All they need to do is convince your cell phone service that they are you and that you have a new phone.

Your cell service will do the rest.

It’ll switch everything over to that new phone because they think that they are you.

And now this attacker has your account attached to their SIM card on their phone and they can receive all your texts and phone calls.

This pretty much renders two factor authentication no longer secure, completely useless, and your accounts are all compromised.

I do not recommend using text or phone call authentication unless it is the only option offered by a website because having this is still better than not having it at all.

Email Two Factor Authentication (2FA)

A slightly more secure type of two factor authentication is when they email you the code.

This is something you’ve probably seen before, so it shouldn’t be new to you and it’s a little bit more secure than getting a phone call or a text message.

At this point of the episode, I would like to make an assumption about you and your email.

I would like to assume that you only use a secret email address for important things. If you don’t, you should consider that.

I’m going to assume you used a password manager to generate a long password for your email. If you don’t, you should consider that.

I’m going to assume you used a password manager to store that password.

And I’m going to assume that you use something like Diceware to come up with a secure and easy to remember password for your password manager.

We have episodes about all of these things. You can go to YourSecure.Life and check them out.

The only thing that I haven’t discussed is using secret email addresses for important things, and I may have mentioned it here or there, but there’s no episodes dedicated to that.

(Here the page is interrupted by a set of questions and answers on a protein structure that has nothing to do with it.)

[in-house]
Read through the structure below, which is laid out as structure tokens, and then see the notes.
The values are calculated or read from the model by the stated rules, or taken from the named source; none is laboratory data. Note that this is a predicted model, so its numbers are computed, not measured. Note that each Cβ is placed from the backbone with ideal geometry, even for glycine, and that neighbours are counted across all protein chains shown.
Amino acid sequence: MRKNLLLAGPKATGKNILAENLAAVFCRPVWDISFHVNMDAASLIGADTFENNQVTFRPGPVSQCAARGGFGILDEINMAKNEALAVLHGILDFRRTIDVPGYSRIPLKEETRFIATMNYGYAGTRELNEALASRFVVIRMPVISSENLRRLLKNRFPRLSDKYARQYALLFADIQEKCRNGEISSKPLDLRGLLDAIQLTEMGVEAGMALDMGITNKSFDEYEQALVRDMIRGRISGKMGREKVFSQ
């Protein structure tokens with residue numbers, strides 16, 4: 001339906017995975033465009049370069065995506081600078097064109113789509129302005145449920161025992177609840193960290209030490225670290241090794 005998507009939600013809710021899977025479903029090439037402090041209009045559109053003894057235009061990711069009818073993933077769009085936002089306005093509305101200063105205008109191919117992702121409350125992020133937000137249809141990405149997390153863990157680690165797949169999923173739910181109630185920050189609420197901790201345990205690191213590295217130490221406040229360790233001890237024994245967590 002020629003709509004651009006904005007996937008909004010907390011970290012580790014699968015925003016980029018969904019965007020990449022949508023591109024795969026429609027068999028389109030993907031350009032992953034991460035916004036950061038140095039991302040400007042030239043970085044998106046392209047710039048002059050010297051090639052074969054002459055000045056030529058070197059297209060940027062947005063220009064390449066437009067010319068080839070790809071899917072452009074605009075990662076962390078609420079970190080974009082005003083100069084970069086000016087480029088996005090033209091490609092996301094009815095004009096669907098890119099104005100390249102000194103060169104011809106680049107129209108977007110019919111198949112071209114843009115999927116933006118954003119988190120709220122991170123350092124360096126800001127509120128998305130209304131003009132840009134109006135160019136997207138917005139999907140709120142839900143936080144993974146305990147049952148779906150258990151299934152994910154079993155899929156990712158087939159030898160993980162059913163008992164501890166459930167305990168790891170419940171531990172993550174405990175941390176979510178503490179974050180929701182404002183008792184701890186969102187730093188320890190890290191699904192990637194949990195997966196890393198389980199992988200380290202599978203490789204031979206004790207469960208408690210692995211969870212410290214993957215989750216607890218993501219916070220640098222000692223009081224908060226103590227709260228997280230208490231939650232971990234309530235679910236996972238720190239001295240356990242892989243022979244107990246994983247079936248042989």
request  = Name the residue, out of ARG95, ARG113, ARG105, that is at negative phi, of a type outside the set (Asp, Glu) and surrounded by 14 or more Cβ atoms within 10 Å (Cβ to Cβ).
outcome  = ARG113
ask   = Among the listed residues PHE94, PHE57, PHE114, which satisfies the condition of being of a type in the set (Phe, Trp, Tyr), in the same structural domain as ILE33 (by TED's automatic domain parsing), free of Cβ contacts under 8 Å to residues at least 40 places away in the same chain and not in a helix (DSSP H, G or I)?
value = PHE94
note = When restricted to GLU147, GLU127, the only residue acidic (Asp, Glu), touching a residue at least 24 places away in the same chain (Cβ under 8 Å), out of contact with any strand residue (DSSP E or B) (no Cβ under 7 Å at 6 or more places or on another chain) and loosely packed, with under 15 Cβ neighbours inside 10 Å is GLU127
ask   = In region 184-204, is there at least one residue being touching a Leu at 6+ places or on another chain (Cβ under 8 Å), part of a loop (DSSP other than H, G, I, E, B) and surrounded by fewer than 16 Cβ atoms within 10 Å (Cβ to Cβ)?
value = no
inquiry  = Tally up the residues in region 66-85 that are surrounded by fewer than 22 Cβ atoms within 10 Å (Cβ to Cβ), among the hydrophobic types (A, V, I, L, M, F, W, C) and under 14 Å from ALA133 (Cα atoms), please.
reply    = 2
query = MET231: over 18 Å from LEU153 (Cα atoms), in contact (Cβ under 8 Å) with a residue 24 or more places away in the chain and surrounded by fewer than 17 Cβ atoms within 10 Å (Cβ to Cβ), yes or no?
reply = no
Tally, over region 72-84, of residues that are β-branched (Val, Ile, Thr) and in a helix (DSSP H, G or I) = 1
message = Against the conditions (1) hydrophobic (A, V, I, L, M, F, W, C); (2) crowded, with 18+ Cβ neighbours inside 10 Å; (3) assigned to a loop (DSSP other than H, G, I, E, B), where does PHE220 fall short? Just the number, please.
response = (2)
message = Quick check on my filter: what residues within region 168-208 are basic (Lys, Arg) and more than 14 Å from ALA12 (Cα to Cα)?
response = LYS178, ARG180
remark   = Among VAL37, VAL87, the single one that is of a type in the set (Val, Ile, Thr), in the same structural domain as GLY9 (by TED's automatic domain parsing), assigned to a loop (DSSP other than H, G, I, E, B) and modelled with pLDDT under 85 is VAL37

So in a real quick nutshell, the idea behind that is that you set up an email address that you don’t share publicly anywhere. You don’t post it on any websites. You don’t let anybody know that you have it and you only use it to sign up for things. And you can even take that a step further and use different ones for different important things.

That’ll protect you from data breaches using your information to cast a wide attack net.

Anyway, back to the main topic.

The next step is to add two factor authentication to both your email and your password managers.

But to disclose that this is certainly not the most secure way, and it’s definitely not impenetrable as nothing really is.

Again, someone could pretend to be you and try to get access to your email.

They would probably do it a pretty similar way as they would get access to your phone for sim swapping. And that is they would just make a call or whatever they need to do and try to convince your email service that they are you and that you cannot get into your account for some reason.

Another thing you can do to help protect this is make sure your security settings are tight and your security questions are not easy to find online.

A bad security question would be your mother’s maiden name. It’s probably on Facebook.

Another bad one would be the city your first job was in. That’s probably on your LinkedIn.

The name of the high school you attended. Probably easy to look up.